being driven throughchain 32 and appropriate sprockets, from the power output shaft 19 of the variable speed transmission. Appropriate control circuits including these generators and the adjusting motor 25, are shown in Fig. 3.

In general, the circuits for automatically controlling the r t f th peed f t hh rut 5 i19 t he sp of input shaft 15, illustrated schematically, in Fig. 3, combine the output voltage of the generator 31 driven by the output shaft 19 with a fixedbias voltage and compare this combined voltage with the output voltage of the generator 28 driven by the input'shaft 15. The voltage difference, if any, between the combined voltages and the output voltage. of the generator 28 is used to control relays which cause operation of the motor and hence rotation of the spindle 24 which adjusts the speed of the output shaft 19 with respect to the input shaft 15 in a manner such thatthe ratio of the speeds is maintained at the desired value. Due to the presence of a fixed bias voltage, the ratio will be different in value when the web. speed is low' from the value of the ratio when the web speed is high without readjustment of the controls when the web speed-is changed. V

- 'In' -Fig. 3, one terminal of an alternating currentsource 35 is connected by a lead "36 to 'a conventional yoltage regulate r37 and is connected by a lead 38 to a centrifugal switch' 39. lfhe other terminal of the source 35 is connected by a lead 40 to' a manually. operable switch 41 and to an indicating lamp'42. When the switch 41 is in the Off position as shownin-Fig; 3, both the automatic circuits and the manually operable circuits for'rotating the'spindle 24 aredeenergized. When the switch 41 is moved to the position marked Man, the rotation of the spindle 24 may be controlled manually and when the switch .41 .is in' the position marked Auto, the rotation ofthe spindle 24 .is controlled by the automatic circuits, hereinafter described, provided thatrthe web speed is in excess of approximately 100 feet per minute.

: As described above, the output shaft 19 is coupled by means .of the chain 32 to conventional tachometer generators 30 and 31 and to the centrifugal switch'39. The generators 30 and 31 provide output voltages at their terminals Band 44 and 45 and 46 respectively, which are yariable with .and proportional to the speed of rotation of ithe. shaft.;19. Terminals 43 and 44 are connected to 1 videdwitha pairof output windings, the terminals 49 0' maybe connected to theterminals 53 and 54 of and henfcejthe speed of rotation of the shaft 19 is cor 1 resppndingly low the. ;switcli.,?39 ,is open, and .so that when" he t fibxtspeed iis;abo'ut .feet Iper minute or greaienttheaswitch 3,9Iis1closed, completing a circuit beand by providing thismotorpwith appropriate control circuits correlating its direction of rotation, and amount ofgqtatiqm with the ratesof rotation of theshafts 15 and :1 9 vunder dilferent operating speeds of travel. of the c grr gated: web,.the amount of adhesive applied iwill be regulated in the mannerpreviously. described. :111 Fig. 2,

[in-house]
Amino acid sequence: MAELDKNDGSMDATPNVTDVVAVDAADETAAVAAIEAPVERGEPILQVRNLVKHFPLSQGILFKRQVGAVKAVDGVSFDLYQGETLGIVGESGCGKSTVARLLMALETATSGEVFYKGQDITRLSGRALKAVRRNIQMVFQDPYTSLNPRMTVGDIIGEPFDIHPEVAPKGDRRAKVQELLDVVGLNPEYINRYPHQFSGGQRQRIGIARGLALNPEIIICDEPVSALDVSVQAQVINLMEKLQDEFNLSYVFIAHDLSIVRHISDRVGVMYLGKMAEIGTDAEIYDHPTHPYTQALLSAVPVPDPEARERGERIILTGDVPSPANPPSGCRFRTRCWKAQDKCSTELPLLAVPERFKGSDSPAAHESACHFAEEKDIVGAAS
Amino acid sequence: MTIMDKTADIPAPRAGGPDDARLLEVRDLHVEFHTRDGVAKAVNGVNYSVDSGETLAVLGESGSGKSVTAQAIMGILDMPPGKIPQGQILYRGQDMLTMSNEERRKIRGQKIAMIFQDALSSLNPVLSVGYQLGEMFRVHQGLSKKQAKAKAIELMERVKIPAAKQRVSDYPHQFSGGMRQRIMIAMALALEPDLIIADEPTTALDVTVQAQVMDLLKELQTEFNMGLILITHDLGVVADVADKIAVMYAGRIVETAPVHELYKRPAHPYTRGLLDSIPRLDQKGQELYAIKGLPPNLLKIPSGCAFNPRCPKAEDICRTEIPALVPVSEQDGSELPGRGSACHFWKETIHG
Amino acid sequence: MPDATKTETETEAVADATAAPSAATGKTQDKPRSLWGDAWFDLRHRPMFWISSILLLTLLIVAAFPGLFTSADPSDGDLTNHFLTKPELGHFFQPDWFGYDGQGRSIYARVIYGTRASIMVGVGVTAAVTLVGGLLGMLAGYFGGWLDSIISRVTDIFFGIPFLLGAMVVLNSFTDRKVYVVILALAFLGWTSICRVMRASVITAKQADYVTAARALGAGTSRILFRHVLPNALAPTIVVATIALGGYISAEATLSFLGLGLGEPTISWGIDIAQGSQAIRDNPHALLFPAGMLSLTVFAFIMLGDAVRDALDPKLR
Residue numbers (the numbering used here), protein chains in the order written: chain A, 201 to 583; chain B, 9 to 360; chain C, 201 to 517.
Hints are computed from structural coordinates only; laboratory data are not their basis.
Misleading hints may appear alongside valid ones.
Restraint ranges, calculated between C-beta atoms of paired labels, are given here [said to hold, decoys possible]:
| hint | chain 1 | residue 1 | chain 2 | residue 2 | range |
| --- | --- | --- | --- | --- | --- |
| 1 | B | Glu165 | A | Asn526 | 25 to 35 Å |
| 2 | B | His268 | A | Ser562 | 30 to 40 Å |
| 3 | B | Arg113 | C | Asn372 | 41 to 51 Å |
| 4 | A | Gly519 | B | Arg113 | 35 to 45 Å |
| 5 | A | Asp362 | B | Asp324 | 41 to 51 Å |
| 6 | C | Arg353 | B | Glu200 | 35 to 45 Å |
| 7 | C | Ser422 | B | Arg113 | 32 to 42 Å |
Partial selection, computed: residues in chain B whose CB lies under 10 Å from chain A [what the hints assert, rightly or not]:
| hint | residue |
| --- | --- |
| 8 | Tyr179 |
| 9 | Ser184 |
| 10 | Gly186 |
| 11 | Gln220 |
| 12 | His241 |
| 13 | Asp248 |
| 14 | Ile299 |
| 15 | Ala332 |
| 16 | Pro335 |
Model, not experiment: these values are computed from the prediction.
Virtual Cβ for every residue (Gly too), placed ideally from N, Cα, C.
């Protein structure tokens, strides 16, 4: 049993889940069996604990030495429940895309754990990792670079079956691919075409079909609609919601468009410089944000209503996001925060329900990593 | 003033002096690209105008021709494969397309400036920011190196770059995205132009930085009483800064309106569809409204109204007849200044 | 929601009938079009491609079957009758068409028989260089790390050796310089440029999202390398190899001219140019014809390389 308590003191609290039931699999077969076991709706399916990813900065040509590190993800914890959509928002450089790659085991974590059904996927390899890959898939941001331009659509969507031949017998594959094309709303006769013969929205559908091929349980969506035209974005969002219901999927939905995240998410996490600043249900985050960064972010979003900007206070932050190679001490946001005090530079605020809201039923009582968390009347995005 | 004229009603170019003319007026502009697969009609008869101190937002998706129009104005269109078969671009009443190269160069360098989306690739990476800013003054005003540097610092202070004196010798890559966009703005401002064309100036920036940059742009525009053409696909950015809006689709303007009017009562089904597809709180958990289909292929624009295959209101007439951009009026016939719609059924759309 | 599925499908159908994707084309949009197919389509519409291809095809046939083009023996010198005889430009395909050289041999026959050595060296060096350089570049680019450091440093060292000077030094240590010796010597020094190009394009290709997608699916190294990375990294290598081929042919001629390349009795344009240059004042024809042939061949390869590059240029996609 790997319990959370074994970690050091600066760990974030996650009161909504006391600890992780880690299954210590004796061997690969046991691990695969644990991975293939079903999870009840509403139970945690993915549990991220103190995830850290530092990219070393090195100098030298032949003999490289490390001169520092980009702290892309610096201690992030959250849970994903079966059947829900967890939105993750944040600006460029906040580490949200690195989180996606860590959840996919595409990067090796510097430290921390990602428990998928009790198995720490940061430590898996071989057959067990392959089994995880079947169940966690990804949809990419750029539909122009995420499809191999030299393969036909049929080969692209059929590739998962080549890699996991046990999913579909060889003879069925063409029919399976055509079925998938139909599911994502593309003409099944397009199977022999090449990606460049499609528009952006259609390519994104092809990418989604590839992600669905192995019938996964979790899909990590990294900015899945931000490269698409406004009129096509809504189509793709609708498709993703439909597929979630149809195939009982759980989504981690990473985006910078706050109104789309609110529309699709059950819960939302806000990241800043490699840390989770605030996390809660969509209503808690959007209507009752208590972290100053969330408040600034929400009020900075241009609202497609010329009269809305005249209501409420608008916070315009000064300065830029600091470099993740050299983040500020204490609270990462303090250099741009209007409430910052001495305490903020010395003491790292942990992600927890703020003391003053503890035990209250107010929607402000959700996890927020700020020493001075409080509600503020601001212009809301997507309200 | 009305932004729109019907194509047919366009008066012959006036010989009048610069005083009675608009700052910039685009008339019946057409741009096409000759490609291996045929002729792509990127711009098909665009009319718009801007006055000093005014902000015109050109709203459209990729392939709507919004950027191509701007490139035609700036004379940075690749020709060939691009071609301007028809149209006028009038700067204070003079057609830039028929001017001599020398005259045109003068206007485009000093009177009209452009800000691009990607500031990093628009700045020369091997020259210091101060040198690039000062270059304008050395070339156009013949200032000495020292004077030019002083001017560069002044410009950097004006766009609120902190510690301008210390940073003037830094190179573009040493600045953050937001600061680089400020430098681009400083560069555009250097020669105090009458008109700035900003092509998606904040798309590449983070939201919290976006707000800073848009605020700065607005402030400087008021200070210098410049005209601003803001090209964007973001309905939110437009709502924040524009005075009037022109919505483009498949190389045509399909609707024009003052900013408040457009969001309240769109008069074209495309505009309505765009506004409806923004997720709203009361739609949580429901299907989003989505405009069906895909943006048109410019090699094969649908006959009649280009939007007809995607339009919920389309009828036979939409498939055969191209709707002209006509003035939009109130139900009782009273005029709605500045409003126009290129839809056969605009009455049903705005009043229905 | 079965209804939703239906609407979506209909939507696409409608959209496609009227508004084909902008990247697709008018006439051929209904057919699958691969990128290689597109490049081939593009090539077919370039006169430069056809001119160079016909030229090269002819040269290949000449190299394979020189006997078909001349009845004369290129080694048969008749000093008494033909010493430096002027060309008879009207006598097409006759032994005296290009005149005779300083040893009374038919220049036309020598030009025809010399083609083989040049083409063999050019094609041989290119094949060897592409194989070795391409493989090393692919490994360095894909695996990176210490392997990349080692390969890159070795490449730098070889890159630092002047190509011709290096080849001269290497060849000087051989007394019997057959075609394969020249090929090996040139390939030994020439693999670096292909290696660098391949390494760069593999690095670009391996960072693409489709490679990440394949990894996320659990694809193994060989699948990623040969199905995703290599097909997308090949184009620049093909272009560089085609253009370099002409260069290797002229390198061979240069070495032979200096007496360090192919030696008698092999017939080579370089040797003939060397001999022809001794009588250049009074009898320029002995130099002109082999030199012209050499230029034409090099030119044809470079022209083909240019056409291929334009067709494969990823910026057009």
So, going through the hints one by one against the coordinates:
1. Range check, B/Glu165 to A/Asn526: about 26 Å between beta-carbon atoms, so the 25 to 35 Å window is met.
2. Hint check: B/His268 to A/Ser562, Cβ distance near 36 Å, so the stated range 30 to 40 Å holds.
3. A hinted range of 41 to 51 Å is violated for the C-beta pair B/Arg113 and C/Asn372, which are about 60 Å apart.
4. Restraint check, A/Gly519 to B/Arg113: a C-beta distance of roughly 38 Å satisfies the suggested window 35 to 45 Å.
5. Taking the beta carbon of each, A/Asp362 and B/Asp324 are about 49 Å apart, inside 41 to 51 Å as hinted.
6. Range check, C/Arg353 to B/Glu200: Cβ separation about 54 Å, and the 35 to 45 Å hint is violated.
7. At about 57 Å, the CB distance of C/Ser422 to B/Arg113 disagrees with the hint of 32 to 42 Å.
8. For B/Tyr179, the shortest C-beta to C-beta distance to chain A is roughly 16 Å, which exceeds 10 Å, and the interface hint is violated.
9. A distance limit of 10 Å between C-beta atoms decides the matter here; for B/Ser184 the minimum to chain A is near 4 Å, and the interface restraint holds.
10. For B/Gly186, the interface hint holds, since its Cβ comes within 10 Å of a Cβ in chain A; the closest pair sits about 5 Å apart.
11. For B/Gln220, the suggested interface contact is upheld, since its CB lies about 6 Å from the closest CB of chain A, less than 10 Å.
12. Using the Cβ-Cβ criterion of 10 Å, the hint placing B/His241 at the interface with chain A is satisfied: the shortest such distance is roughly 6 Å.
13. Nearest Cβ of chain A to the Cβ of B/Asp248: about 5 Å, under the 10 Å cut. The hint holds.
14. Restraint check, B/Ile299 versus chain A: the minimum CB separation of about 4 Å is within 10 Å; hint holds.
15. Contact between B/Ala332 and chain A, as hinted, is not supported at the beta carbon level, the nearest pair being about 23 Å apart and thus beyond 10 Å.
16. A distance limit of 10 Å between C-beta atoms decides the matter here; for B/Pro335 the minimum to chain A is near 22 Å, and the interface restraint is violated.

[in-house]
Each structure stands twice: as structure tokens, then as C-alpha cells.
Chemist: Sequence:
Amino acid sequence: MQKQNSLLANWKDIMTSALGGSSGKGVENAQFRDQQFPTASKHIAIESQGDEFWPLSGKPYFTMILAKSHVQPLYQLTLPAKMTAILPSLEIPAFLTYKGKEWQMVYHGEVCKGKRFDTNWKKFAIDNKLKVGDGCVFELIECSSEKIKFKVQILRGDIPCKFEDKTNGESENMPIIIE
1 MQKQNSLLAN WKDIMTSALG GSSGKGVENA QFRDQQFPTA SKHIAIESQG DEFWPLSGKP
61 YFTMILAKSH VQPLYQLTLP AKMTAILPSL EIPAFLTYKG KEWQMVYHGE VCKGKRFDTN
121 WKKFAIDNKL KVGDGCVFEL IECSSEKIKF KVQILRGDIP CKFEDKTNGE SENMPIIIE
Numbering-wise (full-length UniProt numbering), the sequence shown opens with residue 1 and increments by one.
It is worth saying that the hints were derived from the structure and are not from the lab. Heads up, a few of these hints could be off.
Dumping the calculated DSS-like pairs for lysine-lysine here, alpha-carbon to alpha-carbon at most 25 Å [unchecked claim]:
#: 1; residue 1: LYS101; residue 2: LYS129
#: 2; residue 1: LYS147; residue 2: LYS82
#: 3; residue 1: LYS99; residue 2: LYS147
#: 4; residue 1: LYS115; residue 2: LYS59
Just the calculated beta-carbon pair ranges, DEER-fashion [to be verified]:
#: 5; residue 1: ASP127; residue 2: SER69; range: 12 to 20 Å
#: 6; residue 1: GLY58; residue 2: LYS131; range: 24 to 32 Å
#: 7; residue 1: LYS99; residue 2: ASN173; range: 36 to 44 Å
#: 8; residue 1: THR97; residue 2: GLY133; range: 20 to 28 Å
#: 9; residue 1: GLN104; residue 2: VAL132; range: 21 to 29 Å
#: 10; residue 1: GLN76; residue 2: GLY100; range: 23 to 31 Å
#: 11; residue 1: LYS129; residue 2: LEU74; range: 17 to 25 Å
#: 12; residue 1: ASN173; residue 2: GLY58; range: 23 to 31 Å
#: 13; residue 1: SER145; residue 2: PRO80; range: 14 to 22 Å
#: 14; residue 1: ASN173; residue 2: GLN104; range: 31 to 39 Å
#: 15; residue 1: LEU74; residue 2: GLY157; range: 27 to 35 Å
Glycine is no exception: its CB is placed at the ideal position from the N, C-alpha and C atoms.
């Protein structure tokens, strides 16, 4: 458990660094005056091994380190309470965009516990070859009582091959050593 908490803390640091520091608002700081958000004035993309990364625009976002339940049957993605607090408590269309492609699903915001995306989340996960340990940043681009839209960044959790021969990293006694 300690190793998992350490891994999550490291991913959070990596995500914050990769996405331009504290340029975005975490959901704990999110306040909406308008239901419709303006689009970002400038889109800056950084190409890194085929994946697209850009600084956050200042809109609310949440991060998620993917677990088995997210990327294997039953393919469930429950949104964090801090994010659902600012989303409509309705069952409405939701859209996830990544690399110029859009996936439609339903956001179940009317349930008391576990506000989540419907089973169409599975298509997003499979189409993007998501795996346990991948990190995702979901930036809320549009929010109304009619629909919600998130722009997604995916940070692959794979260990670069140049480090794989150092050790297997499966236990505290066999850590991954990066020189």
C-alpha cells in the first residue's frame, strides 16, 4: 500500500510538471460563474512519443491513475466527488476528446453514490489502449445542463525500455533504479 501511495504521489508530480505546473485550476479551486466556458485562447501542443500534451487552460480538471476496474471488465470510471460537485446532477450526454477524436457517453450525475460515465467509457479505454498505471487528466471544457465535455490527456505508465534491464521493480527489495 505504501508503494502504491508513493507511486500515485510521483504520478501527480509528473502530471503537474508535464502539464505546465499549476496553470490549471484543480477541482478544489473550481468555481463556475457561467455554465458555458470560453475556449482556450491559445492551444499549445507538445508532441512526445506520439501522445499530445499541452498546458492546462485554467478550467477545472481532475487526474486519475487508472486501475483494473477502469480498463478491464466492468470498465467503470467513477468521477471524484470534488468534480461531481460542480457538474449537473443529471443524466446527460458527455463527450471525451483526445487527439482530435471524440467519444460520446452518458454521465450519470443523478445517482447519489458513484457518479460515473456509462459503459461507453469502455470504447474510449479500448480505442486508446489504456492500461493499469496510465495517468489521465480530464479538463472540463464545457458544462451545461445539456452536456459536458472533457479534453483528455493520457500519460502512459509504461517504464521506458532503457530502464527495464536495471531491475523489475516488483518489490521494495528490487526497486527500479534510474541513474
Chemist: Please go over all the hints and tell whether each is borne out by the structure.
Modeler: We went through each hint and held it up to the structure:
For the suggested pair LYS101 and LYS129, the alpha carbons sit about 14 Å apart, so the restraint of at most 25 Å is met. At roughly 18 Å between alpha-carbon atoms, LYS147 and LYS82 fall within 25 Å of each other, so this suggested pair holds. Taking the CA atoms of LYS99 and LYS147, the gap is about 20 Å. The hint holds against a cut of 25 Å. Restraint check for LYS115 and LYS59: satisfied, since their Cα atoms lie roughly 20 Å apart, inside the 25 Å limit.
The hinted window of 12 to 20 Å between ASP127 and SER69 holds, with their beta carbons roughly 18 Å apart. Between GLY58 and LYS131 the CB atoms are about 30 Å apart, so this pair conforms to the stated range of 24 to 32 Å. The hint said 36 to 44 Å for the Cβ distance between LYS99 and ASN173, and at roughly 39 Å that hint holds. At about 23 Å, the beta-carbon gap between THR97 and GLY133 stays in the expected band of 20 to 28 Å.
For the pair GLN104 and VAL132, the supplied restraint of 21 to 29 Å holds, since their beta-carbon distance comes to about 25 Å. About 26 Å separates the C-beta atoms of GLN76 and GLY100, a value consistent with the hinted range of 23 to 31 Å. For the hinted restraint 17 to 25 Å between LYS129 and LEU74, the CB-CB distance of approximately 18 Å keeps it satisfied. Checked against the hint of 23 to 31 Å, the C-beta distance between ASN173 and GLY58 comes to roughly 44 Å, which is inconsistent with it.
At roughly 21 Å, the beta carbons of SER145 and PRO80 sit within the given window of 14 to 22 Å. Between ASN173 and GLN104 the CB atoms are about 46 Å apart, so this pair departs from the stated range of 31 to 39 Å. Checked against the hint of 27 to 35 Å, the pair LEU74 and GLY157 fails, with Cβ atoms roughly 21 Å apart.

taghorpeter generators 27 .and- 2,8 .of previously known 'tion 'and' -mode .of 1 operation :are. shown as driven andapprcpriate sproekets, from :thepower light be tween theleadf38 laridthelead 55-,which'is connected to theiglamp flandbetvteenthe-lead 3.8 and the lead 56 which is connected to;common terminal 63the ad- 47 ;may.::he lcouneet'ed to the terniinals-57 and .58"of the ond, winding, as indicated ir1';dotted lines. in Fig. 3,

hexterminailsl 51 .and 52 er the ratio meter.

generator 27 as shown in Fig. 3, or if the generator 28 is provided with two output windings, the terminals 51 and 52 may be connected'to the terminals 59 and 60 of the second winding, as indicated in dotted lines in Fig. 3, and in the latter case, the tachometer 27 and the connections thereto may be omitted. The generator 28 has a pair of output terminals 61 and 62 which are connected to the automatic. control circuit hereinafter described.

The reversible motor has its common terminal 63 connected to one side of the A. C. source through the centrifugal switch 39, and its remaining terminals 64 and 65 are connected by means of leads 66 and 67 to the manually operable switches 68 and 69, to the Slow and Fast switches 70 and 71, and to the front contacts 72 and 73 of the relays 74 and 75. When the switch 41 is in the Man. position, the motor 25 may be operated by the switches 68 and 69 to cause rotation of the spindle 24 and, hence, change the ratio of speeds of the input and output shafts 15 and 19, operation of the switch 68 reducing or lowering the speed of shaft 19 and operation of the switch 69 increasing or raising speed of the output shaft 19.